Polygonum argyrocoleon, Silversheath Knotweed
Scientific Name: Polygonum argyrocoleon
Common Name: Silversheath Knotweed
Also Called: Persian Knotweed, Silver-sheath Knotweed, (Spanish: Canutillo)
Family: Polygonaceae, Buckwheat Family
Size: Up to 3 feet more or less.
Growth Form: Forb/herb; stems erect or decumbent, branched from base; stems rounded and ribbed (see photo above).
Leaves: Green, grayish-green; leaves sessile, leaf shape linear to lanceolate, reduced gradually upward.
Flower Color: White; inflorescence is raceme-like; 4 to 8 flowers at axils; sepals and petals collectively referred to as a perianth; pedicels enclosed in ochrea; fruit a smooth and shiny 3 sided achene,
Flowering Season: April to October; May or June to October in California.
Elevation: 100 to 3,500 feet.
Habitat Preferences: Often in saline soils; roadsides, fields, gardens, disturbed places.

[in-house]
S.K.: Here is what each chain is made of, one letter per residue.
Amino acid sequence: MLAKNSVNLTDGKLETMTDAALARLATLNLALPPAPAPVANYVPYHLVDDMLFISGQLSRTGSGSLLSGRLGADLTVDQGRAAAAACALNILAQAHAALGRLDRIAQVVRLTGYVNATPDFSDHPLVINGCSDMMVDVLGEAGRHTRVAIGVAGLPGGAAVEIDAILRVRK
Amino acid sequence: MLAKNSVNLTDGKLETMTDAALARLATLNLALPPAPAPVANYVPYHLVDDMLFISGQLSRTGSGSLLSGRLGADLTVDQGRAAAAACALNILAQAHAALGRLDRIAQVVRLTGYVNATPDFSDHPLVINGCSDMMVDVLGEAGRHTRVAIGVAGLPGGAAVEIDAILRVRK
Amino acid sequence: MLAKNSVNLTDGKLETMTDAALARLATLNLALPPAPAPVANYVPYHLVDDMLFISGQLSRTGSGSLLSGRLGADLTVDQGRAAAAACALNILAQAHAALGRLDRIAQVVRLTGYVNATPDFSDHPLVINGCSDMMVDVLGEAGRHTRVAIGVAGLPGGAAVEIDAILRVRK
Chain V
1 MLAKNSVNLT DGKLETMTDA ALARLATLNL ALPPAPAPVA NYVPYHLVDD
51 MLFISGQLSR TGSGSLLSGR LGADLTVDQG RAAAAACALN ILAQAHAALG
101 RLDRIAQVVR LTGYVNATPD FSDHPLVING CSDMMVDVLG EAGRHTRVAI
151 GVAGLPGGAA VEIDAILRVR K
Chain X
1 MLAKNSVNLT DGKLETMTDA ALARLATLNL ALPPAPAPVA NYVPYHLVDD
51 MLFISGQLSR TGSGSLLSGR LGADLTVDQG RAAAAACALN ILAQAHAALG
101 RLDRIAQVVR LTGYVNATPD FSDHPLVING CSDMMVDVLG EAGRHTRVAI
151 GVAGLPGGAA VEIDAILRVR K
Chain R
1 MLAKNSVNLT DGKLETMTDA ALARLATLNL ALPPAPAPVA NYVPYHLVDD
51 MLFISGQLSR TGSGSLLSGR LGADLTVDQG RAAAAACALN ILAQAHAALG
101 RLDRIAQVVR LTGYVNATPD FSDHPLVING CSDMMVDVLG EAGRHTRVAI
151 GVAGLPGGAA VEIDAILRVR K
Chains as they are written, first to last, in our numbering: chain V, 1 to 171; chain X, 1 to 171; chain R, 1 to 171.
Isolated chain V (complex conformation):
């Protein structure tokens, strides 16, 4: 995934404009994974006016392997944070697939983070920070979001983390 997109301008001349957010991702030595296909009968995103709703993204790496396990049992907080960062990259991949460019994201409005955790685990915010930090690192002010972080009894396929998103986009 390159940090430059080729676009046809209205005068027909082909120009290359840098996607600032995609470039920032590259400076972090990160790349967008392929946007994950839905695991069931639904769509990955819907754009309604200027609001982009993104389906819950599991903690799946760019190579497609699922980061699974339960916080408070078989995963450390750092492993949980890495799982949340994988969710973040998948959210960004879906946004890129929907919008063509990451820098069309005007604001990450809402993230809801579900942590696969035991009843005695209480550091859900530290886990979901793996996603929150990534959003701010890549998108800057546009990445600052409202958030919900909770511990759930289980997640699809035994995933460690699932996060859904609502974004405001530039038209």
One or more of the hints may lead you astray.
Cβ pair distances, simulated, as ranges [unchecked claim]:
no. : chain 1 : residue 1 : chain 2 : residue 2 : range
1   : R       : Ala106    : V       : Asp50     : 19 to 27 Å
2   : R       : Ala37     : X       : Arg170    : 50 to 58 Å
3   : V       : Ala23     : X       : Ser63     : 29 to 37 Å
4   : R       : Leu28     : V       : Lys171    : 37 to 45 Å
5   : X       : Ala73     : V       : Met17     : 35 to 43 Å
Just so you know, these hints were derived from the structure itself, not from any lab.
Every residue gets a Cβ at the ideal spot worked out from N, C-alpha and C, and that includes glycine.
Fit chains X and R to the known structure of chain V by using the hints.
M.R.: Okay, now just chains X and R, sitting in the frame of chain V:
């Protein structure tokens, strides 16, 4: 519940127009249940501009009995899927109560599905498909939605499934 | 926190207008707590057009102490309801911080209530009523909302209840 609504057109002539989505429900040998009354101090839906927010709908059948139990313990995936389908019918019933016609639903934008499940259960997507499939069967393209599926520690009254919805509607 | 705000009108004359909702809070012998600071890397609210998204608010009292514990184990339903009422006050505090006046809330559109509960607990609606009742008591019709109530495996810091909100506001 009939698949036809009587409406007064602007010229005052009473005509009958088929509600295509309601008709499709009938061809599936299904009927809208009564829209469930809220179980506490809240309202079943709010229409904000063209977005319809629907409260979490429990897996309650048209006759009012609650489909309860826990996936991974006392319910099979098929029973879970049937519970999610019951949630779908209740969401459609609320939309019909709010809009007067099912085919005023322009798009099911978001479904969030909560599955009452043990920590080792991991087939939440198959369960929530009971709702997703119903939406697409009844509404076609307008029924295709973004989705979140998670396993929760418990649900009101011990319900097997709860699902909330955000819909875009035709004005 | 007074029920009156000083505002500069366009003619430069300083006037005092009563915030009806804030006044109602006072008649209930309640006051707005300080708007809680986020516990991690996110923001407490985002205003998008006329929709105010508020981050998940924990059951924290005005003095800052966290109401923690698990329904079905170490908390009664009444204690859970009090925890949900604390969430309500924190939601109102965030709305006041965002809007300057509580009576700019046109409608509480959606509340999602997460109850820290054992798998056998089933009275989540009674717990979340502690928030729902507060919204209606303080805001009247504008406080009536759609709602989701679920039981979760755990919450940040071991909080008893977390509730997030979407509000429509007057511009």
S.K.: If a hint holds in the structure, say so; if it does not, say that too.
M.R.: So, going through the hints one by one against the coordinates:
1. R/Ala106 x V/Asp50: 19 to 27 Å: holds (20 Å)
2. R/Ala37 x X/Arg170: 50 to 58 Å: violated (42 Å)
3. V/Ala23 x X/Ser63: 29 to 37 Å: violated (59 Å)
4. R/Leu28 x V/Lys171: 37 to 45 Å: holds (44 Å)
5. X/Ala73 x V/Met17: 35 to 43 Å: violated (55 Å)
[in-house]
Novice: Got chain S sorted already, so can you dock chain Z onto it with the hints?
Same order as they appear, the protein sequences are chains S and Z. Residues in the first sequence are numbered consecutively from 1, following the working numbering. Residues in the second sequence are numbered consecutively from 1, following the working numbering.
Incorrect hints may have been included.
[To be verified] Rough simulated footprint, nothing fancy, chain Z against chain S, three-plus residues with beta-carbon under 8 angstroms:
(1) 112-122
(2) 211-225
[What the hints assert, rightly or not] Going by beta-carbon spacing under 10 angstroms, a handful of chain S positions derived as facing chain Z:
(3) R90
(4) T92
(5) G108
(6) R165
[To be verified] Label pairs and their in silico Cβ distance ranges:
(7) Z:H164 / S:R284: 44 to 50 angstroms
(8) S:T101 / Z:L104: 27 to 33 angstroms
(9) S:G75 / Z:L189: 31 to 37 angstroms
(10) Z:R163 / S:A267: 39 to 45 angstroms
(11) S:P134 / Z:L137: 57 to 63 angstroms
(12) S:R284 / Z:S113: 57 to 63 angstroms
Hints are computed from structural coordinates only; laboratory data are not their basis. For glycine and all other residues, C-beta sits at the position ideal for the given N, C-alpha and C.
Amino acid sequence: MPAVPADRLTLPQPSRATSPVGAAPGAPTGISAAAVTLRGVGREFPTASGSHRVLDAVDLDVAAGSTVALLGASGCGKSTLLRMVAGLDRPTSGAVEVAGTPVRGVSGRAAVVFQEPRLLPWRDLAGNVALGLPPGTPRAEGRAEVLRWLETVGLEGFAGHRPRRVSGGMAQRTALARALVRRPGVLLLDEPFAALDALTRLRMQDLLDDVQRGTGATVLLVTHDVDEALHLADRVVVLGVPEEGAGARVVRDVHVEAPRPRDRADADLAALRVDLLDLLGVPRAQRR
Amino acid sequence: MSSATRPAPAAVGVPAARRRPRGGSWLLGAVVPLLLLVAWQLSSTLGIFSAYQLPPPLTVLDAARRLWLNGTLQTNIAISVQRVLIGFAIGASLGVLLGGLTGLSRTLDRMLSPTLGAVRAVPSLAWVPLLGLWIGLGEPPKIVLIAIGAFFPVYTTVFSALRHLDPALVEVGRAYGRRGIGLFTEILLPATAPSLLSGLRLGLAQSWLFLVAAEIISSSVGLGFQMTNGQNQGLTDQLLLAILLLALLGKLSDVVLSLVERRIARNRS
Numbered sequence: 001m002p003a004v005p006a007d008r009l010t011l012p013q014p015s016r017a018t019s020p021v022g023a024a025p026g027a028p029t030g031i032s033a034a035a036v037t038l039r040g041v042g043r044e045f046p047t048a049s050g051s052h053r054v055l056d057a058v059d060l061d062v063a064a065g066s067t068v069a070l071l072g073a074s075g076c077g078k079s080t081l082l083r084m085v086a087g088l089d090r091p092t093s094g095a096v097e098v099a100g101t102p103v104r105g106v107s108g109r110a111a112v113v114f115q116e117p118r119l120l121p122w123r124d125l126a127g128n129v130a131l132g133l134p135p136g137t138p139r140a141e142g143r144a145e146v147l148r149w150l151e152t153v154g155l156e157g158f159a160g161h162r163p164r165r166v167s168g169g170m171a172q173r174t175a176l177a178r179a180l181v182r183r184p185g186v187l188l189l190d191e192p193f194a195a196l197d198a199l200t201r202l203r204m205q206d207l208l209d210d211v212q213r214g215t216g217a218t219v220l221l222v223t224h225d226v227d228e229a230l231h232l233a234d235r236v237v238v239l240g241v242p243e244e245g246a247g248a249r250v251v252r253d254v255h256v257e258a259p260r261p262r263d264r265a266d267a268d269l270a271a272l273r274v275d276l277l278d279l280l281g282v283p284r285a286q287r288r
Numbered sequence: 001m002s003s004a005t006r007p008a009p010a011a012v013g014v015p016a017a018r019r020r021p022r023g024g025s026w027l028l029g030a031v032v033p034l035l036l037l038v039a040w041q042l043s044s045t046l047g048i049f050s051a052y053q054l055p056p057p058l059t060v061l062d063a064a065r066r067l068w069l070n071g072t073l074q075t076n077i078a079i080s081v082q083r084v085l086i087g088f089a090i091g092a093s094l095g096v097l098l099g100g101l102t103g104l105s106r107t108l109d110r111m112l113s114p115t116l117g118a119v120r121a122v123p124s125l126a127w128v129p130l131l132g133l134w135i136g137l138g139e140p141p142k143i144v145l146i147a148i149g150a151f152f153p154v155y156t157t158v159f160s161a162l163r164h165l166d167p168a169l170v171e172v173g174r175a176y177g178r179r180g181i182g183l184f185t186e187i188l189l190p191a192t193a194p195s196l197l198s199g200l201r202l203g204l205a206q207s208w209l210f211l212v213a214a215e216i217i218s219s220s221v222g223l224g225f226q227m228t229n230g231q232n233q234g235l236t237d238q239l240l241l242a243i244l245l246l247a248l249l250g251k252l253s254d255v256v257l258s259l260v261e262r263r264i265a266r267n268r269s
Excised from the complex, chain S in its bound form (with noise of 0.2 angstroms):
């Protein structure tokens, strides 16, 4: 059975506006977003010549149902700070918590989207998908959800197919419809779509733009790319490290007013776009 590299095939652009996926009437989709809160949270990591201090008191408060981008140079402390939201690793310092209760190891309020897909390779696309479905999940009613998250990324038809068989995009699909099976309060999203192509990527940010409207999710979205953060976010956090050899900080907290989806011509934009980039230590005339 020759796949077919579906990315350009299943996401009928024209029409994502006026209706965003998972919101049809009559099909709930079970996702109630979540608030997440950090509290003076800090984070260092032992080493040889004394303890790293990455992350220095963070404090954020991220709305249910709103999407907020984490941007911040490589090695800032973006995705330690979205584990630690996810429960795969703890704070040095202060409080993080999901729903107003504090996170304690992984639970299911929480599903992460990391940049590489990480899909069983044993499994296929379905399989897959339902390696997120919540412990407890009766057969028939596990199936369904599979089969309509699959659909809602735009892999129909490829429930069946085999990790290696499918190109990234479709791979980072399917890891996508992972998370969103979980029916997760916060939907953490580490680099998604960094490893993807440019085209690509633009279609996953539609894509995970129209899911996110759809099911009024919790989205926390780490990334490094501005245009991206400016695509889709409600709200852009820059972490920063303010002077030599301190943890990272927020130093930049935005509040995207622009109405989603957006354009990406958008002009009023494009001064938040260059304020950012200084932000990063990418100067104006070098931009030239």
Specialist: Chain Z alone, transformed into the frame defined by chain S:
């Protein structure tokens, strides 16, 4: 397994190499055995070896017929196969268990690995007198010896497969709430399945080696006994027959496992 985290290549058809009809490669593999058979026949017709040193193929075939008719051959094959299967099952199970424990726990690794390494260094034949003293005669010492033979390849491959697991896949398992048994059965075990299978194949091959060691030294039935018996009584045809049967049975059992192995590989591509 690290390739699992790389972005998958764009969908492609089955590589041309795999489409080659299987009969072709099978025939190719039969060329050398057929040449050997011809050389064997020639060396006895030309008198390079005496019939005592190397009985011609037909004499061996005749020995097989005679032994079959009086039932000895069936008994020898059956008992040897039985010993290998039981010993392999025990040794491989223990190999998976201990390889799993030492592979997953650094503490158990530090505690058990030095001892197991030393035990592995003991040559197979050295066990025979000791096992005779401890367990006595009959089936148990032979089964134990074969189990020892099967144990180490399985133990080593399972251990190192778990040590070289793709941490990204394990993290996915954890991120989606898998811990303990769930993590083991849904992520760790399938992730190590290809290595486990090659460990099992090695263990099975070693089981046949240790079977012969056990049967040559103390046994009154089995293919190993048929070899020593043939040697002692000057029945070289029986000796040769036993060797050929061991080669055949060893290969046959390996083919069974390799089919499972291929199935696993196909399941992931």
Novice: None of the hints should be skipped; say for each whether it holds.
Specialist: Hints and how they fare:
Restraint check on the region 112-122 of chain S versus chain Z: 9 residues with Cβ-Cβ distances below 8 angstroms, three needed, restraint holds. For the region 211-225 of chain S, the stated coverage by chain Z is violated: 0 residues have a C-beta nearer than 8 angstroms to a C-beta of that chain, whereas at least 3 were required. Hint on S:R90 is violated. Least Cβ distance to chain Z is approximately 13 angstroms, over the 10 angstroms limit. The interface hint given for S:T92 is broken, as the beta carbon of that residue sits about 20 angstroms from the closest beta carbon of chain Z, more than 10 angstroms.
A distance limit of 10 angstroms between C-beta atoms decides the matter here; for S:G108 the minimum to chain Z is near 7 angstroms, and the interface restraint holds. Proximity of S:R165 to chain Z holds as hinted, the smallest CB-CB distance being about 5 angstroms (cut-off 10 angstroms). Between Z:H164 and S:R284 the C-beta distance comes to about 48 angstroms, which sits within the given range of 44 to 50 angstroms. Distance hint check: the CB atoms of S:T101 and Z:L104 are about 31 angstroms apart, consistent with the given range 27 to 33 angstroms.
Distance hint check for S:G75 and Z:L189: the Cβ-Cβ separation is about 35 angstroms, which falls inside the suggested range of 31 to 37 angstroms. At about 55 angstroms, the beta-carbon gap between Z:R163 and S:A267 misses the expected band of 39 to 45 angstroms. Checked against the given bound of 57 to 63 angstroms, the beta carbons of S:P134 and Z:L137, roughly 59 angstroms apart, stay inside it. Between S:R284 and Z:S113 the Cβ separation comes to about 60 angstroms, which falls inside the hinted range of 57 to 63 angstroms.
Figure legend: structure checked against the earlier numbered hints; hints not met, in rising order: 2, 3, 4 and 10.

Recorded Range: Silversheath Knotweed in found primarily in the southwestern United States and Idaho with mariginal populations in FL, ID, MA, MO, NC, VT, WV. Native to southwest Asia. In Arizona it is found in the western part of the state (Colorado River counties) and in Maricopa and Pinal counties.
North America & US County Distribution Map for Polygonum argyrocoleon.
U.S. Weed Information: No information available.
Invasive/Noxious Weed Information: No information available.
Wetland Indicator: In North America Polygonum argyrocoleon has the following wetland designations: Arid West, FAC; Atlantic and Gulf Coastal Plain, OBL; Eastern Mountains and Piedmont, OBL; Great Plains, OBL; Midwest, OBL; Northcentral & Northeast, FAC; Western Mountains, Valleys, and Coast, FAC.
FAC = Facultative, occur in wetlands and non-wetlands
OBL = Obligate Wetland, almost always occur in wetlands.
Threatened/Endangered Information: No information available.
Comments: Silversheath Knotweed is a weedy plant introduced from Europe and common in Maricopa and Pinal counties.
Silversheath Knotweed is or has been used as food by the Cocopa;
Cocopa Food, Dried Food Seeds parched, ground and eaten. See ethno-botanical uses at Native American Ethnobotany, University of Michigan, Dearborn.